Scrivener Writing Software–Great!
——Microsoft Word was my preferred writing program—until I started a large writing project. Then I found it frustrating having to scroll back and forth to find material, and making changes by cutting and pasting.
I needed a writing program with more support and oomph. After trialing five—some cute but superficial, some much too complicated—I found one that stood out as writer-friendly, powerful, supportive, practical, and versatile: SCRIVENER.
After using it for an extended time, I love it, and here’s why.
1 Screen, 3 Major Functions
In Scrivener you can change your desktop so that it has 3 parts—Binder, Editor, Inspector—and work with all three at once.
Binder is short for the traditional 3-ring binder. I like to think of it as a filing cabinet drawer, with folders of anything relevant to my project. When I find new material, I capture it by putting it in a new file/folder in Binder.
The information in Binder keeps me focused on the ‘big picture’. Every file and folder is shown as a column, enabling me to create a useful hierarchy of material. I can emphasise this hierarchy through colour-coding, e.g., orange to identify my main headings, green for details, etc.
Binder is flexible so that I don’t need to commit to a firm outline at the beginning of a project. When my ideas change, I can easily move material to a new location by clicking and dragging it to its new spot.
The folders in Binder can hold different kinds of material—not just drafts and finished chapters, but also photos and drawings, music files, electronic articles, etc. That means that all my source material stays in Scrivener.
The central section of the Scrivener desktop is similar to a word processor screen. I can shift from the three-section screen to a single screen, where I can blank out everything except the file I’m working on. That’s useful for keeping focused while drafting.
I sometimes split the Editor section so that I have two screens. That’s handy when I want to view two locations within one file or compare two separate files. When I’m revising a long document I no longer need to scroll back and forth to cut and paste.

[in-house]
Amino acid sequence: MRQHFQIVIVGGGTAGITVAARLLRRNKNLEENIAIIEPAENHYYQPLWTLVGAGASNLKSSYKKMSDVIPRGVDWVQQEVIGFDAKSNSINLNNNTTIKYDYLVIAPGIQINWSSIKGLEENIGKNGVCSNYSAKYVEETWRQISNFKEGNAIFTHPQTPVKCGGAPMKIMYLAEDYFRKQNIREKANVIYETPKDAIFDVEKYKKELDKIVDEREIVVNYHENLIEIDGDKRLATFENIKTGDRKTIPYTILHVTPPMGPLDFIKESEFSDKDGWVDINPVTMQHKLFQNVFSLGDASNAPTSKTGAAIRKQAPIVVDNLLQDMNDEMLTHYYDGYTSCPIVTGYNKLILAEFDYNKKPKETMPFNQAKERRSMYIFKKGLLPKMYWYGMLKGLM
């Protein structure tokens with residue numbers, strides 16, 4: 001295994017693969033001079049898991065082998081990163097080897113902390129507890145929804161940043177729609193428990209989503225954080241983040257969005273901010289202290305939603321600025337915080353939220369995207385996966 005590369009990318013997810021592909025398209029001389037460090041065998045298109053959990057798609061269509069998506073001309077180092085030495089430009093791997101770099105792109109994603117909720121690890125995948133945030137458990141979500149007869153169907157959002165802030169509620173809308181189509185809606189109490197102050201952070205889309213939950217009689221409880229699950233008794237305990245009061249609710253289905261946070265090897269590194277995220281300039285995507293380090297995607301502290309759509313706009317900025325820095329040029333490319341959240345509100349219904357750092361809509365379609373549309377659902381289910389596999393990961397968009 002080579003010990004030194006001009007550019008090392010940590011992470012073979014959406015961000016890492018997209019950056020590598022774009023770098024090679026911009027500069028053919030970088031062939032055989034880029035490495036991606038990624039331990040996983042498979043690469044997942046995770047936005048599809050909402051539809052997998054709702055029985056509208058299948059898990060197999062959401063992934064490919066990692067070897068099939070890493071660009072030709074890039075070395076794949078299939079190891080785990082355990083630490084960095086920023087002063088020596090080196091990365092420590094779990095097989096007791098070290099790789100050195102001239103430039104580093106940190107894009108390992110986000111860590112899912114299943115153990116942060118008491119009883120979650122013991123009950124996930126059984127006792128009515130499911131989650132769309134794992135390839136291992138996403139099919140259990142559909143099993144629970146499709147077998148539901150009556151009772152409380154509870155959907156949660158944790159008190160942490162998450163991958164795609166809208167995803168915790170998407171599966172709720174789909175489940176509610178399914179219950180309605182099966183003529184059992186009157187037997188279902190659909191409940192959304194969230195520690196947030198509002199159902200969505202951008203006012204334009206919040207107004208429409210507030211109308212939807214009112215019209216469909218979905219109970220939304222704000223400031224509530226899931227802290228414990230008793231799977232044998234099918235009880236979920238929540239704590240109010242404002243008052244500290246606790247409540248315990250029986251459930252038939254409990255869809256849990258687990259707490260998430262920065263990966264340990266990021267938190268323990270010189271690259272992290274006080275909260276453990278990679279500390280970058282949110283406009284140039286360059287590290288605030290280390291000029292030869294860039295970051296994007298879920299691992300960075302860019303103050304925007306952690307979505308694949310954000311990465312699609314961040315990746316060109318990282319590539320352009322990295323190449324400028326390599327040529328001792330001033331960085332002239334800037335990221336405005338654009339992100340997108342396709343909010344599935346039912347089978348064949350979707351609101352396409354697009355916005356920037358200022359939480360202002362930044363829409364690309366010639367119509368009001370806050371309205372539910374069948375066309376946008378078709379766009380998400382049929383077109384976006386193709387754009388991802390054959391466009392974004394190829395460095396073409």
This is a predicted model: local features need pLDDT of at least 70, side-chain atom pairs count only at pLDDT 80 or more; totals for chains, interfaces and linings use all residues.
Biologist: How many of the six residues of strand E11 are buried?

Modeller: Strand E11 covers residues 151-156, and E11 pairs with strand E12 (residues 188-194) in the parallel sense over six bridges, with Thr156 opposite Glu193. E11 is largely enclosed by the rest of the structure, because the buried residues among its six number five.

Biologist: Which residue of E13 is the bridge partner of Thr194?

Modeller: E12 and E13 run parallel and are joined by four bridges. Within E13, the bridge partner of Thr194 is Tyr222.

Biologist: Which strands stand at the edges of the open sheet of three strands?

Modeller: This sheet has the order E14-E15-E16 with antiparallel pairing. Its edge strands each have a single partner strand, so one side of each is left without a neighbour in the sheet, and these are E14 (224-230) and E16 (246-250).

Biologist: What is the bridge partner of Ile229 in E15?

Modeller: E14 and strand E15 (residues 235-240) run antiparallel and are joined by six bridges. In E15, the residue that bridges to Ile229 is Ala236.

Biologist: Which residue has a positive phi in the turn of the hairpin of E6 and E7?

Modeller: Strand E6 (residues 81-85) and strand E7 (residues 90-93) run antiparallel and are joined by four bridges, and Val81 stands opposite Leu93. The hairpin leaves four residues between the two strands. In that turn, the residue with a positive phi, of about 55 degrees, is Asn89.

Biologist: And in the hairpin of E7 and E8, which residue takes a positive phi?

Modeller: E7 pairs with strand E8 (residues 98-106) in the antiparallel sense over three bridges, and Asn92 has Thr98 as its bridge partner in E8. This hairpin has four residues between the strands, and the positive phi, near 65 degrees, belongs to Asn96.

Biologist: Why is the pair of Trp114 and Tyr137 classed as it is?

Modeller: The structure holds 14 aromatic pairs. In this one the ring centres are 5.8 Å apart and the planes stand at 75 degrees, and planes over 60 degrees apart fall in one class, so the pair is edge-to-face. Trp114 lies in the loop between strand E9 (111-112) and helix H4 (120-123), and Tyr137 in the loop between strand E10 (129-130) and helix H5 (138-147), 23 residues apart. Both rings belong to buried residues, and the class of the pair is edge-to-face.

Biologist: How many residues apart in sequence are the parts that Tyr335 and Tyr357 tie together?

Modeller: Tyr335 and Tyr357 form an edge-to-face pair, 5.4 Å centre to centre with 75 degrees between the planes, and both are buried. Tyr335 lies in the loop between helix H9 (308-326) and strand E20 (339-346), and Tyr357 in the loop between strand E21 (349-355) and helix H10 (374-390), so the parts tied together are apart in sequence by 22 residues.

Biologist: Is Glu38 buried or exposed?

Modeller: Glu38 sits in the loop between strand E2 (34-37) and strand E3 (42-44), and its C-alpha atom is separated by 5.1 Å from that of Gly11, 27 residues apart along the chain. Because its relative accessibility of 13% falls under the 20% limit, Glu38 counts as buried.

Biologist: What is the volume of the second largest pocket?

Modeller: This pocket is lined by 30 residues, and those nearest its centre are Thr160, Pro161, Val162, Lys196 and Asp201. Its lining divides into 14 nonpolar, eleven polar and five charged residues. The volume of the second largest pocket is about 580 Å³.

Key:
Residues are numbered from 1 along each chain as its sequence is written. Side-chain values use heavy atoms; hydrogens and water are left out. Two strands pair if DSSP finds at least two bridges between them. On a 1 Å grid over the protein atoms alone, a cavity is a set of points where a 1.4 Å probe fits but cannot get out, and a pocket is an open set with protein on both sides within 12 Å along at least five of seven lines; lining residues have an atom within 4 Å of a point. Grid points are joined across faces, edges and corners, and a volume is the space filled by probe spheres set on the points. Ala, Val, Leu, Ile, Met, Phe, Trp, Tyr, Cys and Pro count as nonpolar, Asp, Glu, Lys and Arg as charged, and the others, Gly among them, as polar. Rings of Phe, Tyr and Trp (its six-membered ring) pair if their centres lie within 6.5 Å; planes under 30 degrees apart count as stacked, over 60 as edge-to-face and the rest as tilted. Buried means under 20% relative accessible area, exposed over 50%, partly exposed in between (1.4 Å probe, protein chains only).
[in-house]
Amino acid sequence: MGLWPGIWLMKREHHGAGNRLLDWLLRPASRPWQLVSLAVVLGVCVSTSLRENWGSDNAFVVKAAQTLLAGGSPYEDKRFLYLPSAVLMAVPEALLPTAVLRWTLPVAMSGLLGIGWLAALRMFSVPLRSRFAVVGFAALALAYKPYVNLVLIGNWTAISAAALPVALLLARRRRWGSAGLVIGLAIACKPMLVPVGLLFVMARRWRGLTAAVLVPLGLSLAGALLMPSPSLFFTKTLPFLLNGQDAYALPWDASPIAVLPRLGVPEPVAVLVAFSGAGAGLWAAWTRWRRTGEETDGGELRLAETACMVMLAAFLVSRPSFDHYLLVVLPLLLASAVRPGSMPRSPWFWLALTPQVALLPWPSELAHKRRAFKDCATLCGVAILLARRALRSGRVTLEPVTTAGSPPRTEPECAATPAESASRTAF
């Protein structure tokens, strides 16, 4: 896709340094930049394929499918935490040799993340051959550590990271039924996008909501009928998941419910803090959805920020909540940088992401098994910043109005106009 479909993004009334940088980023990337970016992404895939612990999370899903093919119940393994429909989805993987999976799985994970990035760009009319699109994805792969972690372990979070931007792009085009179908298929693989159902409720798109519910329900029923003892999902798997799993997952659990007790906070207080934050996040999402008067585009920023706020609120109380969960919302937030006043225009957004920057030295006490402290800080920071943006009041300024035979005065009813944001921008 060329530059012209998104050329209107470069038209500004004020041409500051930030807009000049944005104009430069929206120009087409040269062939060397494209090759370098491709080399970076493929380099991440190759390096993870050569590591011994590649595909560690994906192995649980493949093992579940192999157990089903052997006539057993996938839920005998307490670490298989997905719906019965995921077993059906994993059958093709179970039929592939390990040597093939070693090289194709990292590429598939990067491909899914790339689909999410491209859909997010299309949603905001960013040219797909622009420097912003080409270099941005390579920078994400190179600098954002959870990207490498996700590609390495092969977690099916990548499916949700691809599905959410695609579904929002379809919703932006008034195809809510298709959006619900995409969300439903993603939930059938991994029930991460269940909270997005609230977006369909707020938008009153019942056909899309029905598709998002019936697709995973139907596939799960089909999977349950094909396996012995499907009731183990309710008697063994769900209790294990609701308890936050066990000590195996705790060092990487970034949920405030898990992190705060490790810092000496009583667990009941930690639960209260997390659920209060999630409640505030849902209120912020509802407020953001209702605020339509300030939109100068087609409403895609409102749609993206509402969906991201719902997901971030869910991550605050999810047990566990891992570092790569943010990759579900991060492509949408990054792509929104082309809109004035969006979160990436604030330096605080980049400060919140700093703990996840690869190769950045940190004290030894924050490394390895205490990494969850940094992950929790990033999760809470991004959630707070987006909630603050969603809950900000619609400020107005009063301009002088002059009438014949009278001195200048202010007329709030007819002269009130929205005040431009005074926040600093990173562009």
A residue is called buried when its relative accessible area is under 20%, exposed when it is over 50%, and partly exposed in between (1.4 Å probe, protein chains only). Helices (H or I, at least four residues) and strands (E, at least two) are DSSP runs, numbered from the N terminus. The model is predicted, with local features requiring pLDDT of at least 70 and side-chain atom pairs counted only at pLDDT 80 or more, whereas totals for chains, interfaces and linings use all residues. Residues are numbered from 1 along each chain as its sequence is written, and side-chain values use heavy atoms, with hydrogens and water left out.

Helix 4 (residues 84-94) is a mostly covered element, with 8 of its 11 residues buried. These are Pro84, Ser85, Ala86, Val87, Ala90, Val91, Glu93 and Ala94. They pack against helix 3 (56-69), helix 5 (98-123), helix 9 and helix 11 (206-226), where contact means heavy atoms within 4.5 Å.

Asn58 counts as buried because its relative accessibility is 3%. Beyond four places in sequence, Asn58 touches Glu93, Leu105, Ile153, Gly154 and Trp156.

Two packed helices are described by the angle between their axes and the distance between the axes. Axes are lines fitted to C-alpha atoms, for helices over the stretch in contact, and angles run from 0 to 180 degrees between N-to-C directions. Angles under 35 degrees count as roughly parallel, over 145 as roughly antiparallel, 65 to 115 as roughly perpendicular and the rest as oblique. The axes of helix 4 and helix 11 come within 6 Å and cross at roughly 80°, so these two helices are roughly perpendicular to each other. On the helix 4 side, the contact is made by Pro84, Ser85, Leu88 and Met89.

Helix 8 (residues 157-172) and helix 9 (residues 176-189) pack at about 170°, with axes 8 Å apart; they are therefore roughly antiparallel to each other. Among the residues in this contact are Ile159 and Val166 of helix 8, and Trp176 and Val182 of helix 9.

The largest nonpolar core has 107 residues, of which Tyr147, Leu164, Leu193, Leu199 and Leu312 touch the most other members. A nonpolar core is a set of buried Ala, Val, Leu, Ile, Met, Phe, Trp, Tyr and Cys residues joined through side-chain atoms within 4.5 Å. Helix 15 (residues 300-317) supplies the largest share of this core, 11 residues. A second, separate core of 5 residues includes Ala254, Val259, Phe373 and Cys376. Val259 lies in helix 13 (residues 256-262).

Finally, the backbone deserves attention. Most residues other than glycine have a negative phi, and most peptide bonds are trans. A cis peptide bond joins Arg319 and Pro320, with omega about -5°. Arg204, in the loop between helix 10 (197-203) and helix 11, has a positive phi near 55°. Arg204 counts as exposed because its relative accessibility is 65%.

This section is useful for adding notes about a file—its creation date, POV, status (e.g, draft, revised draft, whatever). I can add notes to myself, such as reminding me to recheck a fact. It’s more efficient than scribbling ideas and notes on paper.
Scrivener automatically saves my work every few seconds. Worth buying the program just for this feature.
Supports Writing by ‘Bits’
After using Scrivener, I stopped categorising my material by form—e.g., article, news item, interview, chart, photograph. Now I think of it all as information bits.
It supports how each writer prefers to write. I started my current project by gathering facts and views—some immediately relevant, some not but still interesting—plus many questions I wanted to assess. I soon had a mosaic of facts and conjectures, one that threw up some new possibilities. F
Another plus when writing in infobits is that it enables me to use short free periods to write.
Great technical support
Good technical support is crucial. I’ve had queries/issues twice, and Scrivener’s help desk was great in terms of timing and assistance. (Special shout out to Jeff, Scrivener’s wunder-tech.)
It’s hard to believe that such a comprehensive program costs less than $50 US. Some blogs and sites offer discounts. But to ensure getting the most recent program, you may want to buy it from the official Scrivener site: https://www.literatureandlatte.com/scrivener.php
Excellent training options
Scrivener is such a comprehensive program that newbies have much to learn about how to use it. I muddled around, then decided to seek help. There are plenty of Scrivener experts running courses or providing useful blogs.
I highly recommend the online training course developed and taught by the amazingly knowledgeable and helpful Gwen Hernandez. She authored the Dummies Guide to Scrivener, is generous in providing help, and charges only a modest tuition fee for a comprehensive course.
I was recently asked about the new Scrivener app. I tried it out on my iPad, and it’s fine. It would be useful for notes, photos, references, etc. But much depends on the kind of writing project a writer has in mind. I prefer writing at my desk, with two monitors, a full-size keyboard, and a mouse.